Nancy Rankin, vice president for Policy Research at Community Service Society said, "Our research shows that half of low-income working mothers in NYC have less than $500 in savings-over a third of these moms lack even $100. Without any cushion to fall back on, 12 weeks of paid family leave, with job security and insurance benefits that replace two-thirds of wages are essential. Eight out of 10 New York voters -from every party and region of the state-want to see paid family leave become a reality this session, so we applaud the Assembly for taking an important step today towards making sure that happens."
Karen Scharff, executive director of Citizen Action of New York said, "Too many working families are forced to make an impossible choice between their paychecks and their loved ones. That's why New York needs a strong Paid Family Leave program offering 12 weeks of job protected leave to all workers at two-thirds of a worker's wage. Thanks to Speaker Heastie, Assemblymember Nolan, and the Assembly for leading our state on a path toward a strong Paid Family Leave program that will work for all of New York's working families."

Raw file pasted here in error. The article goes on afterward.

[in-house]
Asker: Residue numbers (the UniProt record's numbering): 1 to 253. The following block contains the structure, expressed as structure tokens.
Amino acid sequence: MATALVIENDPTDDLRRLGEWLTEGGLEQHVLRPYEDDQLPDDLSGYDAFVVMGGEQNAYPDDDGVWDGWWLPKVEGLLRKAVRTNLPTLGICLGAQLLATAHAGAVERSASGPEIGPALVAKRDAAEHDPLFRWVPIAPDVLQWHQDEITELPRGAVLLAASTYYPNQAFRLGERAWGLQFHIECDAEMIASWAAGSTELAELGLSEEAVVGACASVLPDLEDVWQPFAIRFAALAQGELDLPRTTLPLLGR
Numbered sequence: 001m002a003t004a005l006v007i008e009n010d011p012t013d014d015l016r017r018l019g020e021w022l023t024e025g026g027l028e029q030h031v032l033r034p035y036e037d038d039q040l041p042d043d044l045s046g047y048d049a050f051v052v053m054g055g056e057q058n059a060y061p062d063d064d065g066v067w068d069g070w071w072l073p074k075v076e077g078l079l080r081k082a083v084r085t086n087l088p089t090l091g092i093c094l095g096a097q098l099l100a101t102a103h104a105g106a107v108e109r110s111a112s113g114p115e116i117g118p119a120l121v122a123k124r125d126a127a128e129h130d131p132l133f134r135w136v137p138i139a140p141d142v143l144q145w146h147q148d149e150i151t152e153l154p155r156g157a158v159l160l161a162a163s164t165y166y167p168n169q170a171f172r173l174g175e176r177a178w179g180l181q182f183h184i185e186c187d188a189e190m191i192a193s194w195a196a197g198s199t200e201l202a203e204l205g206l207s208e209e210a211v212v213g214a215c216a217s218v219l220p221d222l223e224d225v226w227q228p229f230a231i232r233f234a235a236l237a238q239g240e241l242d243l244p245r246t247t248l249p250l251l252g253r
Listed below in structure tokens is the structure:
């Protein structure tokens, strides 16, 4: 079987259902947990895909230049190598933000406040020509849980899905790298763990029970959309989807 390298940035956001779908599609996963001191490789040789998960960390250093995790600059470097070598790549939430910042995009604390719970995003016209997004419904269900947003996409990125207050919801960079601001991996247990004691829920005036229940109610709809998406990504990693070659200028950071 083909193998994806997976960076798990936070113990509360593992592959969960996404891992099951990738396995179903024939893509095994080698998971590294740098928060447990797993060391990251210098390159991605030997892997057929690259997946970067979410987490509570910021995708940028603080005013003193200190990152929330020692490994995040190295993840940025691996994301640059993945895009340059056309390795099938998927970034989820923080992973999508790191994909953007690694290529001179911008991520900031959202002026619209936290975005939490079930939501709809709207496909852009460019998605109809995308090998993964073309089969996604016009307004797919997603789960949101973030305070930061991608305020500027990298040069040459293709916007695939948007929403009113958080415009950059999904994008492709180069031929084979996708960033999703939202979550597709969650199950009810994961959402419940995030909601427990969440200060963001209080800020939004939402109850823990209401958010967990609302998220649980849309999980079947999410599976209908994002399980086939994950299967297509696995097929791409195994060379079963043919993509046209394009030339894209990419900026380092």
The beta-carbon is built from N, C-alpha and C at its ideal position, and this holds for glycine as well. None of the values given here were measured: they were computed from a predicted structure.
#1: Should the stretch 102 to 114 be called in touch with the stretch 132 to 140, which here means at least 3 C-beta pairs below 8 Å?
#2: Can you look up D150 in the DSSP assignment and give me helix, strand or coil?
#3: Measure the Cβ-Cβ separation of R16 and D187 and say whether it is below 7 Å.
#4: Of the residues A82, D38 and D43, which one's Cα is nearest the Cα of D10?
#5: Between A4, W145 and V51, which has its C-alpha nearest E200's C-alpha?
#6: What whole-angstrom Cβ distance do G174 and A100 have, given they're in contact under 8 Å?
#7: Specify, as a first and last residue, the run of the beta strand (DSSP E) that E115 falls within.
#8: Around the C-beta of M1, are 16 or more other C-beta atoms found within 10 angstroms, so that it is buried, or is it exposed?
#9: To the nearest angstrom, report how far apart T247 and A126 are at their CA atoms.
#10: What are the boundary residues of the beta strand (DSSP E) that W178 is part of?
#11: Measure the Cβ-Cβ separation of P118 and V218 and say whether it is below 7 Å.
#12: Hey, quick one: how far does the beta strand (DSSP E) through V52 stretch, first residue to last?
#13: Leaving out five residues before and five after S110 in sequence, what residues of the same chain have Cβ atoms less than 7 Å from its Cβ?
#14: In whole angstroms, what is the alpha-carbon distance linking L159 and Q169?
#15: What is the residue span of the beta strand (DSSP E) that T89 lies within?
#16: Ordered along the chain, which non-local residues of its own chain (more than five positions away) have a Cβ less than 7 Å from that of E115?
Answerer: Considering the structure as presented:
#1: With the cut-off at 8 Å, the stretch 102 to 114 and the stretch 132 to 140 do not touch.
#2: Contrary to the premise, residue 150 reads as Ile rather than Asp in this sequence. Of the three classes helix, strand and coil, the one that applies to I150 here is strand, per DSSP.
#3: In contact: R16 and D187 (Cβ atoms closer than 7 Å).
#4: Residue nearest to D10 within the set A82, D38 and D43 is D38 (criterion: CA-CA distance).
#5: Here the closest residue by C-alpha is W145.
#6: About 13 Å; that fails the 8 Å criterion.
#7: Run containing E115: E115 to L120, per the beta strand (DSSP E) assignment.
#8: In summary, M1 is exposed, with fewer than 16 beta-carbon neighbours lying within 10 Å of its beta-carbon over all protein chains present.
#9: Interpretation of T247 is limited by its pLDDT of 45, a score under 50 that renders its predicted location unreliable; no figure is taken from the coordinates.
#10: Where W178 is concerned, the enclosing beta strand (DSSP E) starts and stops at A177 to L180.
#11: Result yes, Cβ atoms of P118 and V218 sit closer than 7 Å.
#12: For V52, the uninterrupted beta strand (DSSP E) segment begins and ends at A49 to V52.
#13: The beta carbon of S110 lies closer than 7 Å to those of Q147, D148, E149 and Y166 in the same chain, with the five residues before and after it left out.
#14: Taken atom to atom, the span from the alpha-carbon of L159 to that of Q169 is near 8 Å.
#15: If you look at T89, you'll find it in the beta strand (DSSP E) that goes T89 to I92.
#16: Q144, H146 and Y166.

Sherry Leiwant and Dina Bakst, co-founders and co-presidents of a Better Balance said, "New Yorkers desperately need paid family leave to support them when they need to care for a new child or a seriously ill family member. A Better Balance applauds Assemblymember Nolan and Senator Addabbo for their tireless work on this issue as well as Governor Cuomo for prioritizing the need for paid family leave in his State of the State. Working together we are hopeful that New York will finally enact a strong paid family leave bill this session."
Beth Finkel, state director of AARP in New York State said, "Our population is aging. New York's nearly 2.6 million family caregivers - who provide unpaid care valued at $31.3 billion a year - will only become more and more stressed as time goes on. They are a resource we should support. We need to pass a strong paid family leave law this year. Paid Family Leave would not only help parents caring for newborns, but adult children caring for their own parents, New Yorkers caring for their spouses and anyone caring for an older family member. AARP strongly supports Speaker Heastie, Assemblywoman Nolan and the Assembly in making paid family leave a priority. Paid Family Leave is both compassionate and cost-effective; it would foster more productive workplaces, giving workers the economic peace of mind they need to provide the invaluable care that helps their loved ones age with dignity at home rather than in far more costly and mostly taxpayer-funded institutional settings such as nursing homes."